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Geoscience Policy Monthly Review: May 2013

The Monthly Review is part of a continuing effort to improve communications about the role of geoscience in policy. Current and archived monthly reviews are available online.

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  • Hultgren introduces draft legislation on next generation “exascale” computers

Representative Randy Hultgren (R-IL) unveiled a discussion draft of the American High-End Computing Leadership Act that would modify the DOE High-End Computing Revitalization Act of 2004 to increase funding for the Department of Energy (DOE) Office of Science. If enacted, this bill would provide $110 million each year for FY 2014 and 2015 to develop two or more exascale computing systems in national laboratories for use by industry, academia, and other labs. The increase in budget would be split between the DOE’s Office of Science and the National Nuclear Security Administration (NNSA).

The President’s FY 2014 budget request for DOE includes a $400 million annual increase in order to obtain exascale computing by 2020. Exascale, or extreme scale, computing is nearly 1000 times faster than supercomputers today, and would provide a way to analyze tremendous amounts of data for researchers in climate studies, energy studies, and many other fields.






Monthly Review prepared by: Abby Seadler, Geoscience Policy Associate, Kimberley Corwin, 2013 AGI/AAPG Spring Intern, and Brittany Huhmann, Clinton Koch, and John Kemper 2013 AGI/AIPG Summer Interns.

Sources: AccuWeather, The American Institute of Physics, BuildStrong Coalition, Bureau of Land Management, Coalition for National Science Funding, Department of Energy, Department of the Interior,  Environment and Energy Daily, Environmental Protection Agency, Federal Emergency Management Agency, the Federal Register, GeoOptics, Government Accountability Office, Greenwire, The Hill Blog, House of Representatives, Keck Institute for Space Studies Asteroid Retrieval Mission Study, Lunar and Planetary Institute, MIT Energy Initiative, National Academies Press, National Aeronautics and Space Administration, National Earthquake Hazards Reduction Program, National Institute of Standards and Technology, National Oceanographic and Atmospheric Administration, National Science Foundation, Science Magazine, Thomas, U.S. Geological Survey, U.S. Government Printing Office, U.S. Senate, the White House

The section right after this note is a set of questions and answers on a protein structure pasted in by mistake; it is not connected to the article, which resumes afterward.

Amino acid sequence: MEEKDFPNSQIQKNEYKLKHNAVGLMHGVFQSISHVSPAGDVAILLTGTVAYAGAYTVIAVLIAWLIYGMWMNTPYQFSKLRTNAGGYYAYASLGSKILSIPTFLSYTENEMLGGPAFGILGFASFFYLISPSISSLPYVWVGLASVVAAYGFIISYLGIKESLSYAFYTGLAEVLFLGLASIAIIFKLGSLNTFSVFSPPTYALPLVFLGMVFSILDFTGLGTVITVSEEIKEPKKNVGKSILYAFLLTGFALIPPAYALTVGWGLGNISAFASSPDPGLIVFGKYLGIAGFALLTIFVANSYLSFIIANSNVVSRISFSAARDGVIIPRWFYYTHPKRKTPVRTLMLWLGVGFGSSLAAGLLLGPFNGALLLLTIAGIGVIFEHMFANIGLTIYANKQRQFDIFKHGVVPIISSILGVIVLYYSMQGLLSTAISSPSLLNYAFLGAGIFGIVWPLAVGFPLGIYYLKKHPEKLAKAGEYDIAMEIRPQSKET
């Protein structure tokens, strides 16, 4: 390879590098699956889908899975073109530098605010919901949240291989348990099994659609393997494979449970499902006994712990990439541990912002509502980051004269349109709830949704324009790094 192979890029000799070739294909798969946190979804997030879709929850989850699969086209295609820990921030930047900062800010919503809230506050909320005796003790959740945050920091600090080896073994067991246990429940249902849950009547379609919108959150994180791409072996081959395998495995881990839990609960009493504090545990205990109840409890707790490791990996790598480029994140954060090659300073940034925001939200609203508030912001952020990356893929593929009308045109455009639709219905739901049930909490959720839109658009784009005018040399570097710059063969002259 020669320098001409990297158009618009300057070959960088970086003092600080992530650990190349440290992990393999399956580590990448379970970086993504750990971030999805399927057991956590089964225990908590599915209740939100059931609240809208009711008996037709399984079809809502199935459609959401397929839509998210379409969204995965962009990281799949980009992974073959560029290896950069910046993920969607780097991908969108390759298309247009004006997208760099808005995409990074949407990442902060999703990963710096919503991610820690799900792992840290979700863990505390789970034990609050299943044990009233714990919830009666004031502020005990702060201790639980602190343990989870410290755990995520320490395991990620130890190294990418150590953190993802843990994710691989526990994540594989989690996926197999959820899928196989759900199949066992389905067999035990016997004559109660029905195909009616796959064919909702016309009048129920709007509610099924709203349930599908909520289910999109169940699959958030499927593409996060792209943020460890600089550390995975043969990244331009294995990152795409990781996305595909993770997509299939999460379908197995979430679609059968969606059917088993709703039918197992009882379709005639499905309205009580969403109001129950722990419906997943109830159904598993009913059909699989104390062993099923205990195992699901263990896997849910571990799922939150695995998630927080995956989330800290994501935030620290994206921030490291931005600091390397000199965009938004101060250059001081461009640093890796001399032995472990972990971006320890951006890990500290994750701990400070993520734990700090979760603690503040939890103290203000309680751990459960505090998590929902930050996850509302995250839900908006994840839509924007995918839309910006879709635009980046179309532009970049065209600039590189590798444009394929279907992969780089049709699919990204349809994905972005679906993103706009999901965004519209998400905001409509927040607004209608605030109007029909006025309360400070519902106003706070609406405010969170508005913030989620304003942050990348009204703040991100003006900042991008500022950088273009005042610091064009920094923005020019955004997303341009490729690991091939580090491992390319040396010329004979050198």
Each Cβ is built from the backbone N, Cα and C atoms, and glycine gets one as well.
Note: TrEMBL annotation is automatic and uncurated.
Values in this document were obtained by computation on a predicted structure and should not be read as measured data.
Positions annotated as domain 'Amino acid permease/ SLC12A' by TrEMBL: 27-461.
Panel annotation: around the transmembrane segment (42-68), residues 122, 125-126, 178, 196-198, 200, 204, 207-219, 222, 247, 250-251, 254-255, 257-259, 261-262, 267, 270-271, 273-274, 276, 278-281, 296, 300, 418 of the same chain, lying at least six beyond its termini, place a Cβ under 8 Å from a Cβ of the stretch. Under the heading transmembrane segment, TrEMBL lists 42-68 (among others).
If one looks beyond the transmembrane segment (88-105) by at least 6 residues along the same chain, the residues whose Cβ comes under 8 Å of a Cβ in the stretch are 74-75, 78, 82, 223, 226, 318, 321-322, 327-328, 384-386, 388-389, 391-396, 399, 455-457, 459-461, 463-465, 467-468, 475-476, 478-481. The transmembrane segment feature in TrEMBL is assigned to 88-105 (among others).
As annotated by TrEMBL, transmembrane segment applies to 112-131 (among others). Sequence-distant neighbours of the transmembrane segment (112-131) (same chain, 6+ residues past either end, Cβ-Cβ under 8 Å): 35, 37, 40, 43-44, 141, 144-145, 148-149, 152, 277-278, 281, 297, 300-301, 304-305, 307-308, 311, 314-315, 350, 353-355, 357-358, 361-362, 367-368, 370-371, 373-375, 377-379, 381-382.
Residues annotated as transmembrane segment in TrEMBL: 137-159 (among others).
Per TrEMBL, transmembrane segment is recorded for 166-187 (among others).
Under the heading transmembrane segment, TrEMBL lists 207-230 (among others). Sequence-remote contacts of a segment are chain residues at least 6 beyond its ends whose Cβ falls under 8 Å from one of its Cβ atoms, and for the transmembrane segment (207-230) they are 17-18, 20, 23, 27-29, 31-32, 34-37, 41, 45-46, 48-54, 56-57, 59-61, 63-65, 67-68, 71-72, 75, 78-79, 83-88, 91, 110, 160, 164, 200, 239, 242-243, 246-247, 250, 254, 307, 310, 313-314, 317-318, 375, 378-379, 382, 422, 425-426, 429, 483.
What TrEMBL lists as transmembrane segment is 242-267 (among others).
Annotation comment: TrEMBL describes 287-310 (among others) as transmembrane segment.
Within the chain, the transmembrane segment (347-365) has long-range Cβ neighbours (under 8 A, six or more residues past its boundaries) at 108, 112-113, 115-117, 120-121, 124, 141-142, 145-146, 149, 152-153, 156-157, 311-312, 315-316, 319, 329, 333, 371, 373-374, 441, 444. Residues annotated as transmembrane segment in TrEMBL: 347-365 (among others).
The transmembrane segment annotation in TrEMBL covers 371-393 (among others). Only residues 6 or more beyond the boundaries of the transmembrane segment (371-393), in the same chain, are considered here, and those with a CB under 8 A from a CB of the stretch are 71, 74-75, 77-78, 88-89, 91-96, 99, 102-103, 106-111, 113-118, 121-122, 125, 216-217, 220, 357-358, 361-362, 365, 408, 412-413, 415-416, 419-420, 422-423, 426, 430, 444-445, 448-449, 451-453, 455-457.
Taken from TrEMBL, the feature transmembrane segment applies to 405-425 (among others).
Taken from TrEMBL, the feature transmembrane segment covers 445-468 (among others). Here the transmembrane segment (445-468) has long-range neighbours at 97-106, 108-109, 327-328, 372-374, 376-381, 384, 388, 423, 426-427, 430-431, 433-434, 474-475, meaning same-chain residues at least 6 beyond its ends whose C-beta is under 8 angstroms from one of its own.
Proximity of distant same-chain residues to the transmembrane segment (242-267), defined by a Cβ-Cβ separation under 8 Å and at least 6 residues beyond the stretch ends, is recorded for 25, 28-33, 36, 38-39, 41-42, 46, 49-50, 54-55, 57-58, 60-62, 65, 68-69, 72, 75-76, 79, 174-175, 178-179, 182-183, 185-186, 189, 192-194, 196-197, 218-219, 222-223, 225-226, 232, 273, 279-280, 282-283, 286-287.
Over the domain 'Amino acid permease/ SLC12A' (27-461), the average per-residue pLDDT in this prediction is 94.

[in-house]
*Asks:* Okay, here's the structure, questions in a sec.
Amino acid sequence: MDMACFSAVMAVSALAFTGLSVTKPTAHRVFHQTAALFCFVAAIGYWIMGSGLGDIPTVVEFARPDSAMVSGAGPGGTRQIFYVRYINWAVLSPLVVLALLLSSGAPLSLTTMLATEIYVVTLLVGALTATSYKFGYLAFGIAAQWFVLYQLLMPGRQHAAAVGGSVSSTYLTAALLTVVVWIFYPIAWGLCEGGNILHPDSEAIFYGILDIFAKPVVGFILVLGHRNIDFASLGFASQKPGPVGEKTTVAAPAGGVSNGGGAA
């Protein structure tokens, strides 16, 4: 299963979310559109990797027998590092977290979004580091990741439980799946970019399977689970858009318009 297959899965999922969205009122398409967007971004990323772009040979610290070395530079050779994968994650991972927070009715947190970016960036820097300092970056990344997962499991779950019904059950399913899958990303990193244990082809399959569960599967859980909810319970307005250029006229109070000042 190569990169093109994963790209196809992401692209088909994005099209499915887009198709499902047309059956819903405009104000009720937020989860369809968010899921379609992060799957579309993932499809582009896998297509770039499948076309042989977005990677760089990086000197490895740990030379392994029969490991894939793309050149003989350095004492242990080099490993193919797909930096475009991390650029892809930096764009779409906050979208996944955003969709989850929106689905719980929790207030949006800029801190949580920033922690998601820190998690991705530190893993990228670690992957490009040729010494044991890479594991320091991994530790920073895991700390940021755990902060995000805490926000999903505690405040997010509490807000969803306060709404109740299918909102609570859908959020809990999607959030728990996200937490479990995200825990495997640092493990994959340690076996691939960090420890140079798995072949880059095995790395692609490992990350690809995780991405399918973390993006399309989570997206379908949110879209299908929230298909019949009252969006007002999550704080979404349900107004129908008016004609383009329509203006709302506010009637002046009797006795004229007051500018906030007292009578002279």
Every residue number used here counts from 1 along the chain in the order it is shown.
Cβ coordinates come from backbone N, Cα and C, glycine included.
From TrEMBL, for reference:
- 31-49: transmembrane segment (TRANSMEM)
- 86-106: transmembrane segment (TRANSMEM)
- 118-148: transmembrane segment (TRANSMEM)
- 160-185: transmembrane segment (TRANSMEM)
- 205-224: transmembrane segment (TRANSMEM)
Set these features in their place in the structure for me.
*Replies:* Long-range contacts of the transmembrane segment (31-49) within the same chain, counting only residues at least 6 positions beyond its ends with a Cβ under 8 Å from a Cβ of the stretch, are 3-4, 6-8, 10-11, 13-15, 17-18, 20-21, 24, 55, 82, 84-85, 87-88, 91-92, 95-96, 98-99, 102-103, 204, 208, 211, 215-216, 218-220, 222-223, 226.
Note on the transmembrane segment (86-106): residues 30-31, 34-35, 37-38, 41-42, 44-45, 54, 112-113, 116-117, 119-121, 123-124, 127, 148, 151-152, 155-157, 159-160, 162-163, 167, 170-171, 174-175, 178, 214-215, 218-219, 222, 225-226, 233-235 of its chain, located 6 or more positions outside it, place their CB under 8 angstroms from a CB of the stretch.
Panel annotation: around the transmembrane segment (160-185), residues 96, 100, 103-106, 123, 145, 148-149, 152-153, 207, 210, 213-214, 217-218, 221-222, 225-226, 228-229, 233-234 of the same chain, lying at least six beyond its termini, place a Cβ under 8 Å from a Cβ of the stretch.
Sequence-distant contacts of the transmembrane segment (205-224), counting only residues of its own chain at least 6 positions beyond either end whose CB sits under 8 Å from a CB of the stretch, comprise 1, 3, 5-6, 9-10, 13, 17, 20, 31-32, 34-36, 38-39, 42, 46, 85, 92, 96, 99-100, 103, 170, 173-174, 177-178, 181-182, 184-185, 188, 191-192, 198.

This monthly review goes out to members of the AGI Geoscience Policy Committee, the leadership of AGI's member societies, and others as part of a continuing effort to improve communications about the role of geoscience in policy. More information on these topics can be found on the Geoscience Policy Current Issues pages. For additional information on specific policy issues, please visit the web site or contact us at or (703) 379-2480, ext. 228.


Compiled May 31, 2013